# Notations involving squiggly lines over horizontal lines

Is there a symbol for "homeomorphic to"? I looked on Wikipedia, but it doesn't seem to mention one? Also, for isomorphism, is the symbol a squiggly line over an equals sign? What is the symbol with a squiggly line over just one horizontal line? Thanks.

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By the way, the LaTeX command to produce$\qquad$ $\cong$ is \cong$\qquad$ $\simeq$ is \simeq$\qquad$ $\sim$ is \sim. To use a LaTeX command, one encloses it in dollar signs, e.g. $\simeq$. If you see some math on this website, and you want to know the LaTeX code that produced it, you can right click on it and choose "Show Source". There is also an SE website devoted to LaTeX. – Zev Chonoles Sep 28 '11 at 16:30
Ah thanks! That will sure come in handy. – james Sep 28 '11 at 16:48

I use $\cong$ for isomorphism in a category, which includes both homeomorphism and isomorphism of groups, etc. I have seen $\simeq$ used to mean homotopy equivalence, but I don't know how standard this is.

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I agree with your usage, but I do have a professor who writes his isomorphisms with $\simeq$ (which I adopted for a while, then thought better of it). – Zev Chonoles Sep 28 '11 at 16:25
I believe it's quite common to use $\approx$ for homeomorphisms (or perhaps isomorphisms with a more "geometric" flavor, like isometries etc.) – Miha Habič Sep 28 '11 at 16:56

I agree with Qiaochu Yuan's answer for the most part, but if you are working in an area where you must distinguish between homeomorphism, homotopy equivalence, and diffeomorphism, the standard notation becomes ambiguous. This has been relevant for me because I've been studying the interplay of topology and geometry for hyperbolic 3-manifolds. In this context what seems to be the most consistent is $\sim$ for homotopy equivalence, $\simeq$ for homeomorphic, and $\approx$ for diffeomorphic. This way $\sim$ agrees with usage as indicating same members of an equivalence class, where the equivalence class is that of the fundamental group; and $\approx$ agrees with what geometers like (for instance John Lee), and $\simeq$ is just a decent choice for something that looks halfway between them.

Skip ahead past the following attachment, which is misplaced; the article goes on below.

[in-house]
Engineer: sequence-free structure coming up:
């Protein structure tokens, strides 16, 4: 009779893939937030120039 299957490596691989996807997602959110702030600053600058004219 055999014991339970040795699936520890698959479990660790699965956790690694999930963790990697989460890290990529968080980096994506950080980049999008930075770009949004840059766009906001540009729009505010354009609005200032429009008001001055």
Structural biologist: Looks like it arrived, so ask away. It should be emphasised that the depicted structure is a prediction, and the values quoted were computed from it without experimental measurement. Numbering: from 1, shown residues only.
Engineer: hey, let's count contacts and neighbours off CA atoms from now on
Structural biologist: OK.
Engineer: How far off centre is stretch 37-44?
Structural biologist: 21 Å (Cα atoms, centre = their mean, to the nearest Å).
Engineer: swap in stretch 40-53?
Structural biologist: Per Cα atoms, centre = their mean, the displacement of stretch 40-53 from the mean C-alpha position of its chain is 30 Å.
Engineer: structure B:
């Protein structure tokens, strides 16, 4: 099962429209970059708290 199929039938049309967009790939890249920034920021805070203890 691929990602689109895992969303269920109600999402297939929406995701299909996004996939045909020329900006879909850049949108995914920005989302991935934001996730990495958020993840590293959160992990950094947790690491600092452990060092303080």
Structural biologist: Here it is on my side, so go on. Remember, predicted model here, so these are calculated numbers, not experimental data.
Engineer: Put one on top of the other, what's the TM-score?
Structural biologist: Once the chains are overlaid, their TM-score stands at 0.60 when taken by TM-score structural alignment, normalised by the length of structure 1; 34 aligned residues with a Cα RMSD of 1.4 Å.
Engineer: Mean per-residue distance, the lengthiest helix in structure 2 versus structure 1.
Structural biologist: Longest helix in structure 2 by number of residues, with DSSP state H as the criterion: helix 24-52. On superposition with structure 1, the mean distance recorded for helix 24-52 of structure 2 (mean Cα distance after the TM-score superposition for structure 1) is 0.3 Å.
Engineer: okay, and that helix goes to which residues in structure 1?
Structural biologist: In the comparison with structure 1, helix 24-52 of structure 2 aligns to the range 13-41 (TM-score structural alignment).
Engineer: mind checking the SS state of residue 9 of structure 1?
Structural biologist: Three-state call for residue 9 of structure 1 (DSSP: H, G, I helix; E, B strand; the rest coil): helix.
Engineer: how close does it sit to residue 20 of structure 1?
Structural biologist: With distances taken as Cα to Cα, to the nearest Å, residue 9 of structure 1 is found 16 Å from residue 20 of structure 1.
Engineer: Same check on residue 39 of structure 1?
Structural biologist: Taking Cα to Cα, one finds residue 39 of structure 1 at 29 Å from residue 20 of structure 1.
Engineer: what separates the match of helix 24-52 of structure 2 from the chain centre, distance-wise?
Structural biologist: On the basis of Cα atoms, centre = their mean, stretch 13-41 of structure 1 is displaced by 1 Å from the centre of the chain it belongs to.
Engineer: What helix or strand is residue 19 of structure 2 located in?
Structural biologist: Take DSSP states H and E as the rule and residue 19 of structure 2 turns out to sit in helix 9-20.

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Since $\simeq$ is nearly universally used for both homotopic and homotopy equivalent, using it for homeomorphic is going to confuse a lot of readers. In my books, I've used $\approx$ for both homeomorphic and diffeomorphic, depending on context. The symbol $\cong$ can in principle be used to designate an isomorphism in any category (e.g., isometric, diffeomorphic, homeomorphic, linearly isomorphic, etc.). The bottom line is that you have to specify what you mean by any such symbol. – Jack Lee Dec 14 '13 at 1:02
Sorry to put words in your mouth! I guess it does depend a lot on context. I was wondering though, let's say for some reason it was very important to distinguish objects that were homeomorphic but not diffeomorphic, and you absolutely had to choose different symbols. What would you choose? (BTW I've read both of your last 2 books and respect your opinion a lot!) – j0equ1nn Dec 28 '13 at 10:50
That's a tough one. I think my first inclination would be to choose one of the relations to designate with $\approx$, and then use words to designate the other. Alternatively, I might use $\approx$ for homeomorphic and $\cong$ for diffeomorphic, provided I didn't need the latter symbol for something else. – Jack Lee Dec 28 '13 at 16:07
Oh, and many thanks for the compliment, @JoeQuinn! – Jack Lee Dec 28 '13 at 16:07

It depends heavily on the field; in the set theoretic literature I'm familiar with (that is, the odd corner of the literature related to NF) I most often see $\sim$ for an arbitrary equivalence relation, and $\simeq$ for isomorphism. (But this is also literature that held on to $\hat{x}(\phi)$ instead of the modern $\{x:\phi\}$ for quite some time...) I have also seen some category theory authors use $\simeq$ for isomorphisms in a category, while $\cong$ is reserved specifically for natural isomorphisms between functors.

In general, I think $\cong$ is most likely to be recognized as isomorphism in the abstract sense of being an invertible morphism of some kind, but I generally count on having to get used to any given author using a different notation. It definitely never hurts to establish your usage explicitly if you're going to be writing a mathematical document.

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